Scottish Sunday Mail, November 30 2014

This is the transcript of an article by journalist Jenny Morrison featuring the most in-depth interview about my experiences that I’ve done to date. It took me a while to agree to do this, as it would a mean a lot more detailed exposure closer to home and my fear of a backlash was greater. But the imbalance of efforts to raise awareness and provide support throughout the UK is too significant to dismiss an opportunity to at least try and address this. Please note the minor clarifications I’ve included below the transcript.

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Amee (Mother)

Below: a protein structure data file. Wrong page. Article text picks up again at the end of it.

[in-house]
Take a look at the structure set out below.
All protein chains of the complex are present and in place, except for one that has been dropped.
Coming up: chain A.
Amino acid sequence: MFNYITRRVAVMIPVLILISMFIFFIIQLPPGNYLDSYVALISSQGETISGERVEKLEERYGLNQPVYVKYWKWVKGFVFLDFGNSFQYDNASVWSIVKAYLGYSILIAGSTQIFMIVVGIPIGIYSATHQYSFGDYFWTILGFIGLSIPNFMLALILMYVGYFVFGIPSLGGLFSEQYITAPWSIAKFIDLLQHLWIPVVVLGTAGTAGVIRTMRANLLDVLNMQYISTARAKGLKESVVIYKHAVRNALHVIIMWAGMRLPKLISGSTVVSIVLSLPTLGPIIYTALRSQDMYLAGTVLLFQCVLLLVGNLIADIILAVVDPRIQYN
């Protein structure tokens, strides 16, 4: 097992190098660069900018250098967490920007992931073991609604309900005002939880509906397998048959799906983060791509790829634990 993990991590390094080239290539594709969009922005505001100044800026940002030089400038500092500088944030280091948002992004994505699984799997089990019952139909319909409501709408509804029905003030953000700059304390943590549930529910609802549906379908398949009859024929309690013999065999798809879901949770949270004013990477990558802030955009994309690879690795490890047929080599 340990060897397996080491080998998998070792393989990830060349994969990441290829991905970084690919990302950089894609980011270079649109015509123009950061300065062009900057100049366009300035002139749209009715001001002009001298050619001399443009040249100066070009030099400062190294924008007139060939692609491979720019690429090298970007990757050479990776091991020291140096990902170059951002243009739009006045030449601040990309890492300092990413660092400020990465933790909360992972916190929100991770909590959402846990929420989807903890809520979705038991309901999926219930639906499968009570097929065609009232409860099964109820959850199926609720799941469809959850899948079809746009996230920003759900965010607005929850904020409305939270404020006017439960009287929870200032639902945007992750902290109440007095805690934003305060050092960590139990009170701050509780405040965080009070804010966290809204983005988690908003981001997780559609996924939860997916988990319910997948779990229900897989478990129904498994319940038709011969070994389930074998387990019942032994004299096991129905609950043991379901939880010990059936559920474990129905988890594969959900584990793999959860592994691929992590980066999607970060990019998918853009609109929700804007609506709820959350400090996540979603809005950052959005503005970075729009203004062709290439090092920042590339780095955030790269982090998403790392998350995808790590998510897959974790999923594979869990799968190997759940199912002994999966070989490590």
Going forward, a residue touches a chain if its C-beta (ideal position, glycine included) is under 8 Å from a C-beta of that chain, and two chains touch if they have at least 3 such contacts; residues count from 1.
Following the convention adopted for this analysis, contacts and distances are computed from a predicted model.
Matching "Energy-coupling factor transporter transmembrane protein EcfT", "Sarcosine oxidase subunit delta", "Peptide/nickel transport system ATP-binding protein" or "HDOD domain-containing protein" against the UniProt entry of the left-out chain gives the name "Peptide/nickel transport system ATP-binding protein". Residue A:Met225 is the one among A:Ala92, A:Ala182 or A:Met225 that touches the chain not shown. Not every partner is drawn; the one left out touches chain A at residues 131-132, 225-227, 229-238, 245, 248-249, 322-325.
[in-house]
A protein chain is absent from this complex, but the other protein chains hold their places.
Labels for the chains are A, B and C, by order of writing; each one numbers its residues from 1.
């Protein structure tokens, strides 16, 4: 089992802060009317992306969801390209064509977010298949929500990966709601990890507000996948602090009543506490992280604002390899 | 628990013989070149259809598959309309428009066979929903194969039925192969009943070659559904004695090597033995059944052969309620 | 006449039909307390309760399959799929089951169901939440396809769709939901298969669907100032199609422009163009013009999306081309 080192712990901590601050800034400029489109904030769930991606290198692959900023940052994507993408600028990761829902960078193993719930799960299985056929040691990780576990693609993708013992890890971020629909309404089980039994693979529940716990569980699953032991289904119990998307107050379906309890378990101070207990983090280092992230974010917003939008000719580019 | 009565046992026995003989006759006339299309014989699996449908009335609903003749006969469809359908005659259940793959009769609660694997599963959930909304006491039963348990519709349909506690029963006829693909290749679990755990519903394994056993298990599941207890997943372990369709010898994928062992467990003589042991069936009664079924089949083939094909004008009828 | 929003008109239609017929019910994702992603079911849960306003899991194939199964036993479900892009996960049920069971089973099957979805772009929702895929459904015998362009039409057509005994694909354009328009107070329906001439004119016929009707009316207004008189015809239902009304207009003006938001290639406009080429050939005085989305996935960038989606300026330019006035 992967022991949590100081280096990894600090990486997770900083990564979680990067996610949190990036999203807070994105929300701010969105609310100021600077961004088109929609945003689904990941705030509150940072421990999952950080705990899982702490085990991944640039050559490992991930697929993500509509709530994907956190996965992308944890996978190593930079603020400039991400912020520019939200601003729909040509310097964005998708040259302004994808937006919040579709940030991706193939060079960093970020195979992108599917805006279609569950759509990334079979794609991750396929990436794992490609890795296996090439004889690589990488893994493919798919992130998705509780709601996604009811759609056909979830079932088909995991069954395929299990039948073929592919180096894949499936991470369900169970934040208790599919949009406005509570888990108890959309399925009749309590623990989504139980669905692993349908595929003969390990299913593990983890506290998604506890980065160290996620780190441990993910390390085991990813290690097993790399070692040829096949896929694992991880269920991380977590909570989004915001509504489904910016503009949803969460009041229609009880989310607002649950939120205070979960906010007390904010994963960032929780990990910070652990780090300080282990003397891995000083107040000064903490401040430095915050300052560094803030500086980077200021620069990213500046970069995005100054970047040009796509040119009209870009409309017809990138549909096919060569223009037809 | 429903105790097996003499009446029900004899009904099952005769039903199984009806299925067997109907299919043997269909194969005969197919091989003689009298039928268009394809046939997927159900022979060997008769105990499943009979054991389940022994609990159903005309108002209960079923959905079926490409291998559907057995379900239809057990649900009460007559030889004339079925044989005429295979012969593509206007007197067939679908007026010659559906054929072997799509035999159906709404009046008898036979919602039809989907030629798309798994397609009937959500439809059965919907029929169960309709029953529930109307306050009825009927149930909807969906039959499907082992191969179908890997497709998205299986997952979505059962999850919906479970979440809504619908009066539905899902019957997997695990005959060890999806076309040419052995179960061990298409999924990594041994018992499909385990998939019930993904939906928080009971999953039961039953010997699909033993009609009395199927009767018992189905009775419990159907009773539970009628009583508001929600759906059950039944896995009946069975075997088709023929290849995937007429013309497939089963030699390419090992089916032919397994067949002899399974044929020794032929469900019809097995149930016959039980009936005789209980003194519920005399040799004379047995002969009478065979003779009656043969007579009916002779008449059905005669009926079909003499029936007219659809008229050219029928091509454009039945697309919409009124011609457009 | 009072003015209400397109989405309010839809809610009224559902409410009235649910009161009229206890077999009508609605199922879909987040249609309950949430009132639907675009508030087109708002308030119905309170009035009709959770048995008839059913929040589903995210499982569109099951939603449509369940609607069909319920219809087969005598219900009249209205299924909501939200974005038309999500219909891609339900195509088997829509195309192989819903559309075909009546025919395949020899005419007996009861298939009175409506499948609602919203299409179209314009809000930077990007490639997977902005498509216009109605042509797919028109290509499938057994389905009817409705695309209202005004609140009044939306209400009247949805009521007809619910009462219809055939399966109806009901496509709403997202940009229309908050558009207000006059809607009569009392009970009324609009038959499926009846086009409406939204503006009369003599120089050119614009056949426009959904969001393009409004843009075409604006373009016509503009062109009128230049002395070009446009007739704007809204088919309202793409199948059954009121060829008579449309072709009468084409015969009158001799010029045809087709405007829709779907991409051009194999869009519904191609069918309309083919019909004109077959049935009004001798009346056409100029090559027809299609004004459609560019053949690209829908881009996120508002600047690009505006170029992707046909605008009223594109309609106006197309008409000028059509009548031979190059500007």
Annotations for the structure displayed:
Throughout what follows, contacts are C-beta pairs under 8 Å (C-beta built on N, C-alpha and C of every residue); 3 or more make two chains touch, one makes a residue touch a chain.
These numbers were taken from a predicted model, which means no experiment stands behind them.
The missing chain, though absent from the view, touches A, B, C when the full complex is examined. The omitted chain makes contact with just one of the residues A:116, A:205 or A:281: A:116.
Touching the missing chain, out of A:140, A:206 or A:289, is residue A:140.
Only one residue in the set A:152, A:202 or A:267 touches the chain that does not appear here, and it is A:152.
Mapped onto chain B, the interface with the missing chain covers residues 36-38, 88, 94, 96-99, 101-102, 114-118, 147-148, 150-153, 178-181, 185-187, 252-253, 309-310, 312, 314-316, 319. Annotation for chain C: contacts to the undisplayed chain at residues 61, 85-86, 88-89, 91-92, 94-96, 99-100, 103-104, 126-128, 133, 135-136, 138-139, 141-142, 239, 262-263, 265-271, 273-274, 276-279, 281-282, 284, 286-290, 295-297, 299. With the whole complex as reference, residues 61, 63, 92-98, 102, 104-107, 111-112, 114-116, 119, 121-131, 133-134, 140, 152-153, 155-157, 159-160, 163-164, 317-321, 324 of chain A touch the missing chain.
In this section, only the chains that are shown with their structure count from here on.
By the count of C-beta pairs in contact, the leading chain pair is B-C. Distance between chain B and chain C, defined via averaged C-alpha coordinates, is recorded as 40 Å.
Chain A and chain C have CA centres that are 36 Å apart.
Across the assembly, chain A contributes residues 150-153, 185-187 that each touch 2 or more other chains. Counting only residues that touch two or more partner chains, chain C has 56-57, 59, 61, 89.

I look out into the garden, at the soft beams of warm afternoon sunlight breaking through the branches of tall fir trees. I used to play there when I could, daydreaming at the foot of that long line of tree trunks, gazing up into dizzying green heights. Often I would find the eyes of King Tiger the cat staring down at me. What a wise old thing he was, always watching over us and offering comfort to those he knew needed it the most that day. Kahlia was already gone. Buried under the nettle bush that grew beside the patch of herbs to the left of the trees. Amee always took care of her herbs, more than she did the flower bed, which was strewn now with weeds, although the odd red or orange splash of a tulip still flourished here and there. I used to have to pick handfuls of mint and coriander from the earth and prepare them to add to the pot. When I had grown I used to joke that she  drugged us with her cooking, so good did the taste of those dishes make me feel.

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